Over the past 6 weeks, I have been doing work experience with council as part of my undergraduate studies in environmental management at the Sunshine Coast University and I recently had the opportunity to join a site visit at Tuan. It was the first time I had been to that part of the Sunshine Coast and I was amazed by the beautiful landscape and array of bird and animal life I saw in the short-time I was there. Personally, I found Tuan to be very calming, peaceful and diverse and I didn’t want to leave the place. I highly recommend, if you haven’t already, to take a drive to the Mary River catchment and check out the area or alternatively, why not visit one of the many other environmental reserves around the Sunshine Coast.

Check out council’s environment levy land acquisition interactive map. To find out about the achievements made over the last financial year with the environmental levy, have a look at council’s environment levy annual report.


  • Bello, F, Lavorel, S, Díaz, S, Harrington, R, Cornelissen, J, Bardgett, R, Berg, M, Cipriotti, P, Feld, C, Hering, D, Martins da Silva, P, Potts, S, Sandin, L, Sousa, J, Storkey, J, Wardle, D, & Harrison, P 2010, ‘Towards an assessment of multiple ecosystem processes and services via functional traits’ Biodiversity and Conservation, vol. 19, no. 10, pp. 2873–2893, doi: 10.1007/s10531-010-9850-9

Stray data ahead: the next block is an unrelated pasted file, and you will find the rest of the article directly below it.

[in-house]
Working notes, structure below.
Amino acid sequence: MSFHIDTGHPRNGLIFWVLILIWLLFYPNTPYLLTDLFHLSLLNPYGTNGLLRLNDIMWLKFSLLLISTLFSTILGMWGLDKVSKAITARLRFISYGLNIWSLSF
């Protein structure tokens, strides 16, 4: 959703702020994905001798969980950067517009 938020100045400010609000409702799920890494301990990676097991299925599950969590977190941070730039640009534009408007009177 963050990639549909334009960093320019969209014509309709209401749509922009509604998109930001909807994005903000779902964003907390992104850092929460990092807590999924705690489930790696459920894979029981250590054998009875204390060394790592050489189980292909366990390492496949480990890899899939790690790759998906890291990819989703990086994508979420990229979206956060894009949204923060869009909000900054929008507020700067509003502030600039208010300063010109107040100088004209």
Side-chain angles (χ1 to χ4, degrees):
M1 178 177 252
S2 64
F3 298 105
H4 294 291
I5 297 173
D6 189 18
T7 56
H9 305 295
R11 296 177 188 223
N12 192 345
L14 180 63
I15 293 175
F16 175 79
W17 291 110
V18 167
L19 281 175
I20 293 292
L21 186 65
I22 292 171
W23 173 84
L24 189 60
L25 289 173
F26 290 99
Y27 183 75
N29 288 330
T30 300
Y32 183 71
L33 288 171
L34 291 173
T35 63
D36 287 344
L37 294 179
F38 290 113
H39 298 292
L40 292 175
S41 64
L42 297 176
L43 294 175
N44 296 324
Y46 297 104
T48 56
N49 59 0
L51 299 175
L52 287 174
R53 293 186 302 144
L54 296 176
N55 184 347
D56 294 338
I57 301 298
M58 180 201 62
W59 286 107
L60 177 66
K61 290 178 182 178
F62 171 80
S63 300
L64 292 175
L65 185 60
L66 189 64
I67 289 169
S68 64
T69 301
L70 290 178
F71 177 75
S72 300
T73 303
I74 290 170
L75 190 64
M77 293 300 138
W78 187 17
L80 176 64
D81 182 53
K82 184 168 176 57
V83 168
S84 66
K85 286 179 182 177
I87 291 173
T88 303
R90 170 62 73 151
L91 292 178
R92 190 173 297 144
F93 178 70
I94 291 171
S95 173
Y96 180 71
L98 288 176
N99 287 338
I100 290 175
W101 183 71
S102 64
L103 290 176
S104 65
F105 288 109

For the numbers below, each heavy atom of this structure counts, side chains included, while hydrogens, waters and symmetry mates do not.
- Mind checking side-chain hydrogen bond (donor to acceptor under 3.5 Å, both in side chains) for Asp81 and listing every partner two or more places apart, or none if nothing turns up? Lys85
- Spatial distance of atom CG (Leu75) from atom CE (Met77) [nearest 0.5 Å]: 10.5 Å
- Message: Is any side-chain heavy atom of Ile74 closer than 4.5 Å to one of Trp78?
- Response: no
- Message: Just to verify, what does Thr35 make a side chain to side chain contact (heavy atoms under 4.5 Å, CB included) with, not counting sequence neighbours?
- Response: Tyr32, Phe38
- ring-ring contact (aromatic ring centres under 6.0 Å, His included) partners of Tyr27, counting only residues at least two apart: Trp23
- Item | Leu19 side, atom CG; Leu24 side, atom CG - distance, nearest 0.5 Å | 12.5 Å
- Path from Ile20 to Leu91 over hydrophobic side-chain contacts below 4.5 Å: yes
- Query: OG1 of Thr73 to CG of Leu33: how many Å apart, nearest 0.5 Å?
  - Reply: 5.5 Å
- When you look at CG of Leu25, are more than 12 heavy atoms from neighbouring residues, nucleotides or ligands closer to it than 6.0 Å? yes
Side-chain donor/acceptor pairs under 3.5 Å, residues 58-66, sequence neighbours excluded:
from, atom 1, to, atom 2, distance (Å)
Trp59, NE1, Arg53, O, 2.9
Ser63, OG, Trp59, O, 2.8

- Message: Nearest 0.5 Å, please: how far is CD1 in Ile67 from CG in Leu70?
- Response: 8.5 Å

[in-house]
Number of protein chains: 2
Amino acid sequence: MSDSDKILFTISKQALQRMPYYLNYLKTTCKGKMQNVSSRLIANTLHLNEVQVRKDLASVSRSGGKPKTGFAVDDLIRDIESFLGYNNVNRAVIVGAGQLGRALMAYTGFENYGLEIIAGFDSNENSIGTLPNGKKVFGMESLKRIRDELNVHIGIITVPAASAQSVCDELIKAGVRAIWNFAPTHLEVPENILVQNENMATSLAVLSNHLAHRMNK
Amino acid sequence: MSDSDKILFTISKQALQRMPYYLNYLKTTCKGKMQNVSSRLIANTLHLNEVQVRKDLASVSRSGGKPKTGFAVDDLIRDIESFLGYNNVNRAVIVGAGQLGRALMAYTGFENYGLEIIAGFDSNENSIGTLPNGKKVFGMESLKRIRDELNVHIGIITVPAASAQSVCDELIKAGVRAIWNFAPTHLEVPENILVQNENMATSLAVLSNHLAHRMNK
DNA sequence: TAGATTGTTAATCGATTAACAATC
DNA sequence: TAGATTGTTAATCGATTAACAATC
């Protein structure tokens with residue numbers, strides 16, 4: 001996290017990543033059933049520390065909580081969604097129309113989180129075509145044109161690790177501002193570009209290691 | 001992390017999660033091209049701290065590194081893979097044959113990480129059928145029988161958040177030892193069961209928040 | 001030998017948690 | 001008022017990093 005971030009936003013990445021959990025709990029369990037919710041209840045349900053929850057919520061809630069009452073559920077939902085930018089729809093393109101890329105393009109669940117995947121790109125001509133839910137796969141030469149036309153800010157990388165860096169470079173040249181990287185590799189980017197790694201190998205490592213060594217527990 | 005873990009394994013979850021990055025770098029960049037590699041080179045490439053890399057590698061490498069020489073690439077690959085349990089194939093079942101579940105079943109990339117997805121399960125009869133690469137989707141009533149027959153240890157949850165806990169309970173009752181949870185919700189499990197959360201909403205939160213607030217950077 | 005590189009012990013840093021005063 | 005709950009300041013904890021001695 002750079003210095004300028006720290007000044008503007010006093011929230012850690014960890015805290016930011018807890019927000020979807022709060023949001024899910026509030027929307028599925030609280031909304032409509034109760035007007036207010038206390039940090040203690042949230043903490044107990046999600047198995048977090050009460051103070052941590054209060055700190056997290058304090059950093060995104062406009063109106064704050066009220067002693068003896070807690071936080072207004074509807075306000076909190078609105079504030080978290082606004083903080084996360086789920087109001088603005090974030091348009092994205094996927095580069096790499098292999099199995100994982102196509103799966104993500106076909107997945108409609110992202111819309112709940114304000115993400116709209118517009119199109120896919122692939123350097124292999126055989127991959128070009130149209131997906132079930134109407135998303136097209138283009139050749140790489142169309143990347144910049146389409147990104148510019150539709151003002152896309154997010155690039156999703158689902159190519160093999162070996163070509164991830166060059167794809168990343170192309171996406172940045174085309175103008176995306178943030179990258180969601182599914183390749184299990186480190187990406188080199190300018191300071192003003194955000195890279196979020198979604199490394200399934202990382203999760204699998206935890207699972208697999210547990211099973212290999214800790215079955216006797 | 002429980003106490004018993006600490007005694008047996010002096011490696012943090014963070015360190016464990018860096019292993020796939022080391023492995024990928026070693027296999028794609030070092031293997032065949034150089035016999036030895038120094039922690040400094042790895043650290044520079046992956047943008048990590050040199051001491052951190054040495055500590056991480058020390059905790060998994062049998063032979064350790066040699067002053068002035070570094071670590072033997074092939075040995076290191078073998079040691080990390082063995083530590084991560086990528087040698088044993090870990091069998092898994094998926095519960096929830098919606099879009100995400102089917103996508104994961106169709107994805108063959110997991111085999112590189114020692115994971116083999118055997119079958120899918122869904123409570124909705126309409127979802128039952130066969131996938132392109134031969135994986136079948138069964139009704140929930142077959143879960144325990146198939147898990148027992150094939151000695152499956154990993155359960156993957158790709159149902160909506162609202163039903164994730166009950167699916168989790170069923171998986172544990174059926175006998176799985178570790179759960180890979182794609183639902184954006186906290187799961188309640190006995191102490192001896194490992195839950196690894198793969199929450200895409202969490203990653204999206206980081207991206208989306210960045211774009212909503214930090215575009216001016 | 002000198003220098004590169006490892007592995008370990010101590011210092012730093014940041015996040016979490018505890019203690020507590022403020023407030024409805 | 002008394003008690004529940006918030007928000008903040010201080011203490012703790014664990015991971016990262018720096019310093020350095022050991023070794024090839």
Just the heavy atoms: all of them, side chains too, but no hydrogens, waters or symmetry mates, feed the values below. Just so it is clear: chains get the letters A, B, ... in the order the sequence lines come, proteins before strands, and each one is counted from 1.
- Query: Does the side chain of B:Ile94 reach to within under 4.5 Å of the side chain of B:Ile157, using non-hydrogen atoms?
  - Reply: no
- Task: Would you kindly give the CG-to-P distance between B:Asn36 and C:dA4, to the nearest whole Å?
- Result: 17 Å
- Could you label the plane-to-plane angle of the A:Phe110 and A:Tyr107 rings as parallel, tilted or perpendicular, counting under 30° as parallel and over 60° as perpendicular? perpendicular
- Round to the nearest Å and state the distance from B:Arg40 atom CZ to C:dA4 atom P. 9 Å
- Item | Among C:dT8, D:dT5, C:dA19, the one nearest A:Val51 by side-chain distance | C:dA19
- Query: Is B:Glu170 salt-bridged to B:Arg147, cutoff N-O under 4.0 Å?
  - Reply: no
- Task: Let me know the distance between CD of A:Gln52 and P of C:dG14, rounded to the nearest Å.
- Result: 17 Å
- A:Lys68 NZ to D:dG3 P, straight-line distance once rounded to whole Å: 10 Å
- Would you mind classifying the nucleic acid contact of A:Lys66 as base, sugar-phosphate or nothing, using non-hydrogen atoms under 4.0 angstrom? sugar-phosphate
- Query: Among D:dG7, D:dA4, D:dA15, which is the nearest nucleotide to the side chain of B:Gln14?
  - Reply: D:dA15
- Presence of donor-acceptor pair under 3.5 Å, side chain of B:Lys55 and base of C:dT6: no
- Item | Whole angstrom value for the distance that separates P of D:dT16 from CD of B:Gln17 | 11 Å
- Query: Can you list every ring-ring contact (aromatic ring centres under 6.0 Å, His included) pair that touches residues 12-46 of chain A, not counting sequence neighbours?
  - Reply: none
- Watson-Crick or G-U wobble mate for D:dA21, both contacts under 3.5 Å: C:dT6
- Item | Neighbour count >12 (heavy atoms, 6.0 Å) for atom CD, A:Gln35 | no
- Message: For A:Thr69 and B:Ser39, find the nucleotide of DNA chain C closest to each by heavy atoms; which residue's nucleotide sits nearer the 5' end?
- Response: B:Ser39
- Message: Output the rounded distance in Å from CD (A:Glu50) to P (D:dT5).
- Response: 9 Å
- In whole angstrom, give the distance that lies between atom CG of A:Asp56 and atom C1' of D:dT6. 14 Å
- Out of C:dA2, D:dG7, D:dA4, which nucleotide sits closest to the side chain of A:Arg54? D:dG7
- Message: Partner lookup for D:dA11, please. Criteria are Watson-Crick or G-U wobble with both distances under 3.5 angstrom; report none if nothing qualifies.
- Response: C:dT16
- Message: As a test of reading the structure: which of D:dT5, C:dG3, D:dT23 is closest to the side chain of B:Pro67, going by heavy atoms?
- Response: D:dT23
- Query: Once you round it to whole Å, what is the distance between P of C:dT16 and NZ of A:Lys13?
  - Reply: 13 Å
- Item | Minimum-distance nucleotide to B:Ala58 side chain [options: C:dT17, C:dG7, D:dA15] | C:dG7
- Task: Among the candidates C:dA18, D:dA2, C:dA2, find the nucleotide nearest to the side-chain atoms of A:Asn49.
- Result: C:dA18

• Chenoweth EPLA and Bushland Restoration Services (2012) South East Queensland Ecological Restoration Framework: Guideline. Prepared on behalf of SEQ Catchments and South East Queensland Local Governments, Brisbane
  • Fischer, J, Lindenmayer, DB, & Manning, AD 2006, March, ‘Biodiversity, ecosystem function, and resilience: ten guiding principles for commodity production landscapes’ Frontiers in Ecology and the Environment, Ecological Society of America, doi: 10.1890/1540-9295(2006)004[0080:BEFART]2.0.CO;2.